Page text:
This week, the 50th birthday of Frank Capra's It's a Wonderful Life is celebrated with a theatrical re-release, offering many people their first chance to see the film on the big screen. A bittersweet story of small-town redemption, Capra's feel-good fantasy describes how despairing father James Stewart is saved from suicide by an angel called Clarence who shows Stewart what the world would have been like if he had never lived.
Although well known in Britain, the movie is nothing like the institution it is in the States, where Capra's slice of archetypal Americana has been deemed "a national treasure" by Congress. But it was not always so. On its initial release in 1946 It's a Wonderful Life did only "moderate" box office and might have sunk without trace had it not achieved a television renaissance. "Without that rebirth, who knows?" says the director's son, Frank Capra Jr. "Maybe it would have disappeared after a 6-month run."
Now a movie producer himself, Capra Jr remembers visiting the set when he was 12 years old. "My brother and sister and I didn't go on set very often because our mother didn't want us turning into Hollywood brats," he says. "But seeing that set really stuck in my memory. It was midsummer in Los Angeles and here was a town covered with snow - winter in July, it was remarkable. In fact, I think the snow was nominated for an Academy award, because it was a new kind of effect."
Sadly, like the film's nomination for best picture, Capra's for best director and Stewart's for best actor, the snow failed to win an Oscar. Which makes it all the more remarkable how the film's success has snowballed over the years. "TV channels initially started showing it because it was free," says Capra Jr. "But they quickly started getting requests from the public. Pretty soon every channel ran it every year. My father always used to laugh and say it was Clarence doing it."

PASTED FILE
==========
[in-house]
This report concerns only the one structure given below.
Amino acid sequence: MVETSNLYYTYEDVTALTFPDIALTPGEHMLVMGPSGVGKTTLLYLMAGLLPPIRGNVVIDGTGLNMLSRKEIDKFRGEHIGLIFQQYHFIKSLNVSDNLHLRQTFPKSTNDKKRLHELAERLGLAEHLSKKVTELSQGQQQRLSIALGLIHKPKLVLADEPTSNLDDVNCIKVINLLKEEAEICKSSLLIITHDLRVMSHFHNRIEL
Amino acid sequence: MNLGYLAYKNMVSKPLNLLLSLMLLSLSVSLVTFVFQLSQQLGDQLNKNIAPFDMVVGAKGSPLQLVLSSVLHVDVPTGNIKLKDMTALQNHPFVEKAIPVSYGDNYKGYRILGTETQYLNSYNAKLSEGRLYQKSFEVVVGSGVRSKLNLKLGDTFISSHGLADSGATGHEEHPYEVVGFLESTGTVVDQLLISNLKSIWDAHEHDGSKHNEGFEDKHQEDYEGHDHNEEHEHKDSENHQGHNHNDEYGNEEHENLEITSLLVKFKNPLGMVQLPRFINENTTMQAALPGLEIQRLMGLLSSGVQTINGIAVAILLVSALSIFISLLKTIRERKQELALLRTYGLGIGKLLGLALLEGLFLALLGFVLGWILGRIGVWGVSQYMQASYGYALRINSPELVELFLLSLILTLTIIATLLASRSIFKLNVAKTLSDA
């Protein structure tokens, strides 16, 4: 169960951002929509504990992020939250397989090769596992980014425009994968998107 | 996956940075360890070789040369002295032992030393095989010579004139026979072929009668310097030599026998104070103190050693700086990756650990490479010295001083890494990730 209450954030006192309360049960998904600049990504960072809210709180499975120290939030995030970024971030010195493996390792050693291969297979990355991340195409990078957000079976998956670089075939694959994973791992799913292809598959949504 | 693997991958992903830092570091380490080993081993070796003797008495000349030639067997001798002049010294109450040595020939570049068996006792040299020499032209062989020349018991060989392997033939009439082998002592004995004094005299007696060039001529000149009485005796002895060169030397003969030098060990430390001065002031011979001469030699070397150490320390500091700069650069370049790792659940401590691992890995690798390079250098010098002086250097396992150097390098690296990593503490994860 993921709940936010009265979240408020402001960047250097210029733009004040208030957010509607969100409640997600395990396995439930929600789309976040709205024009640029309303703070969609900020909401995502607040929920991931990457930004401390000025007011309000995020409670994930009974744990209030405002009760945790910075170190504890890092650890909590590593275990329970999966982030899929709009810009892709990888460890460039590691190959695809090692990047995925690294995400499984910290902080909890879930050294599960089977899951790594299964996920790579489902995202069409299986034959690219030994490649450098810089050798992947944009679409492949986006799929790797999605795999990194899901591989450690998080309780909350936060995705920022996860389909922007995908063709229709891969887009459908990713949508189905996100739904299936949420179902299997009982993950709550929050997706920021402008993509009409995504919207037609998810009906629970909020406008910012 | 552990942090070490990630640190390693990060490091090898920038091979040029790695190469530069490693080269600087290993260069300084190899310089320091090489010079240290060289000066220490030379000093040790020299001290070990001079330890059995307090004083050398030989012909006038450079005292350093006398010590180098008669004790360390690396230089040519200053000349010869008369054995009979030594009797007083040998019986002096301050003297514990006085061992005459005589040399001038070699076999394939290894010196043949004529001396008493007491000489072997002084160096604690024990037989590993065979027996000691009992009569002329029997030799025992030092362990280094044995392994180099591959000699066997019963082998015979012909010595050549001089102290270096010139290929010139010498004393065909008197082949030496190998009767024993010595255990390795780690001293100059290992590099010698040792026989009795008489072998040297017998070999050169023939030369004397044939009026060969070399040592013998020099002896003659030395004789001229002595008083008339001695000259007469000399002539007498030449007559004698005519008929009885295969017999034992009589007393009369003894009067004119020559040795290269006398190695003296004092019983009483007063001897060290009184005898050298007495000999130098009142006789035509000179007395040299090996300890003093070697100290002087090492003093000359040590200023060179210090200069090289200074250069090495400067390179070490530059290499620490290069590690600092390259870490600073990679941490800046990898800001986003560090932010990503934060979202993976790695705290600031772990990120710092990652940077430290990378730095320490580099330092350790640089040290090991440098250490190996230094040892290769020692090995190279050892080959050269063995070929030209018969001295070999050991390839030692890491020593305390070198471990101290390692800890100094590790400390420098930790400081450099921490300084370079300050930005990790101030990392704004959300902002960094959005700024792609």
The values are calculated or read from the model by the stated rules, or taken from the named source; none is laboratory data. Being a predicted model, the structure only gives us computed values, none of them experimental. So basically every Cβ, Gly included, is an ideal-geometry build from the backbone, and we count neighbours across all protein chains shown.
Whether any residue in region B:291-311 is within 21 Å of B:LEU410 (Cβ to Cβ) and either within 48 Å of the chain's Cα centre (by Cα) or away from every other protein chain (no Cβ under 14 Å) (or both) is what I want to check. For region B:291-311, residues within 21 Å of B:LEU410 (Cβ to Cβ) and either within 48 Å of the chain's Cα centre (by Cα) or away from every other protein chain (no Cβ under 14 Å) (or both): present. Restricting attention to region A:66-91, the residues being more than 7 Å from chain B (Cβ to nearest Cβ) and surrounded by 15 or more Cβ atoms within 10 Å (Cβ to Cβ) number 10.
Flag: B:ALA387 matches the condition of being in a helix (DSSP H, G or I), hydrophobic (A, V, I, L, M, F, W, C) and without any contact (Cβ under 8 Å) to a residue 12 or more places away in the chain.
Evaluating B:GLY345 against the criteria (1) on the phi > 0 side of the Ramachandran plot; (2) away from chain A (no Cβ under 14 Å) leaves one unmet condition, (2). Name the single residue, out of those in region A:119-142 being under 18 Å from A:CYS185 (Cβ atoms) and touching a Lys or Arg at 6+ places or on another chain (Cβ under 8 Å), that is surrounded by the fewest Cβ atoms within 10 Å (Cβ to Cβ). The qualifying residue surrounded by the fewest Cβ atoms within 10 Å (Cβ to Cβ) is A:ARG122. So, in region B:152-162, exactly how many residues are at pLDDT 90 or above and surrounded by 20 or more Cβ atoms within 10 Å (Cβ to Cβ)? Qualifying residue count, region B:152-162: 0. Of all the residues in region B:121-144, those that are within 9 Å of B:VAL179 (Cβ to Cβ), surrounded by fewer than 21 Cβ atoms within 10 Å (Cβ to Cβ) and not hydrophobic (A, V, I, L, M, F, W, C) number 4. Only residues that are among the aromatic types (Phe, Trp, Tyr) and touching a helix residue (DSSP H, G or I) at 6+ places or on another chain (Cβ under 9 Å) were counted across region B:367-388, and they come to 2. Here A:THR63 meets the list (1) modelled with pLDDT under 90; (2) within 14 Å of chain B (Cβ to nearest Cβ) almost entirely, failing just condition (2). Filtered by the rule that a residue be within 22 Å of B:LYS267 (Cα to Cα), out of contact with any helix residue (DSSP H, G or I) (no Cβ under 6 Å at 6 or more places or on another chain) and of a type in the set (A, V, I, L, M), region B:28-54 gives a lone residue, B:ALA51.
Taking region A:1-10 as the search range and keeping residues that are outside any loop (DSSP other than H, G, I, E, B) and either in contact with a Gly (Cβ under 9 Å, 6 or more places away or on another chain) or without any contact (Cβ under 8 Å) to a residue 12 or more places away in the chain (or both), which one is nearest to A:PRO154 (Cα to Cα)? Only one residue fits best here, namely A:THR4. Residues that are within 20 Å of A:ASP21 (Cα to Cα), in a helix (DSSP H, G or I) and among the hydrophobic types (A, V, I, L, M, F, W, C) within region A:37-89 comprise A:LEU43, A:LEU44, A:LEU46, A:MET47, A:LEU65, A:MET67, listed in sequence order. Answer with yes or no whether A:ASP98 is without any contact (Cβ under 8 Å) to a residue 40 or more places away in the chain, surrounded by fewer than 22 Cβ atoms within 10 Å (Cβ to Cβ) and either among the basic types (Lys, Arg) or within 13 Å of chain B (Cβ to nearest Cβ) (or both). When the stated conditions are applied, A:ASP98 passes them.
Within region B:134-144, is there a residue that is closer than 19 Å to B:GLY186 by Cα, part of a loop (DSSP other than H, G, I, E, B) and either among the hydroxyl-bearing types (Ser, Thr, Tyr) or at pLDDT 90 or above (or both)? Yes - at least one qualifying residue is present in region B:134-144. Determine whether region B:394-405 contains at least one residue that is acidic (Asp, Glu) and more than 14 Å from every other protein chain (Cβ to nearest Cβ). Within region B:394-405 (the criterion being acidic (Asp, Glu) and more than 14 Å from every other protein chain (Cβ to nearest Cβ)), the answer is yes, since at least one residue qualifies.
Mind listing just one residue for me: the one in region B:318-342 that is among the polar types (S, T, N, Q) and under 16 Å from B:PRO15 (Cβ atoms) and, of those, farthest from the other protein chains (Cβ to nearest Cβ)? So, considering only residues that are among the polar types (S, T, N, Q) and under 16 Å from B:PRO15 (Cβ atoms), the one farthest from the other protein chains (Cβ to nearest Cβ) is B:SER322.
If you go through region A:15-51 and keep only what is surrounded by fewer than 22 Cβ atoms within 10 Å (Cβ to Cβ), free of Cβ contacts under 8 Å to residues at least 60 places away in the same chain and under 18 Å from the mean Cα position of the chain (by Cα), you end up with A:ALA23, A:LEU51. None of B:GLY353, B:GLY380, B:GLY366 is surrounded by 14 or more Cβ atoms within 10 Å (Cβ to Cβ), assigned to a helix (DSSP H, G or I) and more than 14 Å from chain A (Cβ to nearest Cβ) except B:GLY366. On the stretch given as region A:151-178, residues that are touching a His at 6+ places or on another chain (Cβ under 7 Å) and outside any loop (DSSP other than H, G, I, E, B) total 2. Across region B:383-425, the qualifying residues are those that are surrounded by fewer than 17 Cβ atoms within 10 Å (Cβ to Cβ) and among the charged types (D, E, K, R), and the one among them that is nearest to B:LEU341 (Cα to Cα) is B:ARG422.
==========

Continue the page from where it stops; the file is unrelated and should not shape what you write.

Achieving the kind of public vindication every artist dreams of, it's not surprising Capra felt a guardian angel was looking after him. Still, even the director would later marvel at the mythic resonance his work achieved. "There's more to this picture than I put in it. There's more to the picture than was written in it. There's more to it than we thought we had, and it's the picture I waited all my life to make."
Capra began work on It's a Wonderful Life immediately after the Second World War. "He'd spent hours and hours in the editing suite making Why We Fight documentaries and I think that sharpened his skills," says Capra Jr. "He was really ready to make a big film." Lead actor James Stewart, however, was not. "Jimmy had a lot of serious misgivings about even coming back to acting after the war," explains Capra Jr. "He was very upset. It was as if acting was frivolous, didn't matter any more." Ironically, it was Stewart's movie nemesis, Lionel Barrymore, who coaxed the star back into feeling pride in performance. "His view on all of that was `I get, up every morning and I thank God I'm an actor, I have the ability to make people laugh, to make people cry, to entertain'," says Capra Jr.
Stewart later described his role in the film as the best of his career, while for many viewers it's their favourite movie of all time. So what is it exactly that makes it endure? Despite hundreds of viewings, Capra Jr has yet to get sick of watching the film. "It's not The Rocky Horror Picture Show yet," he laughs. "Because even if you know most of the lines you can't watch it without it affecting you, getting sucked in emotionally."
The producer's own favourite moment from the film is a shot of Jimmy Stewart fleeing in terror from "Pottersville", the den of iniquity his home town might have become without his presence. For Capra Jr the immoral and ugly Pottersville imagined by his father was "a prescient look at what many American towns have actually become". As powerful a reason as any for why modern audiences never tire of replaying Capra's life-affirming morality tale, of reassuring themselves that It's a Wonderful Life.
`It's A Wonderful Life' is on release. See New Films, p19Reuse content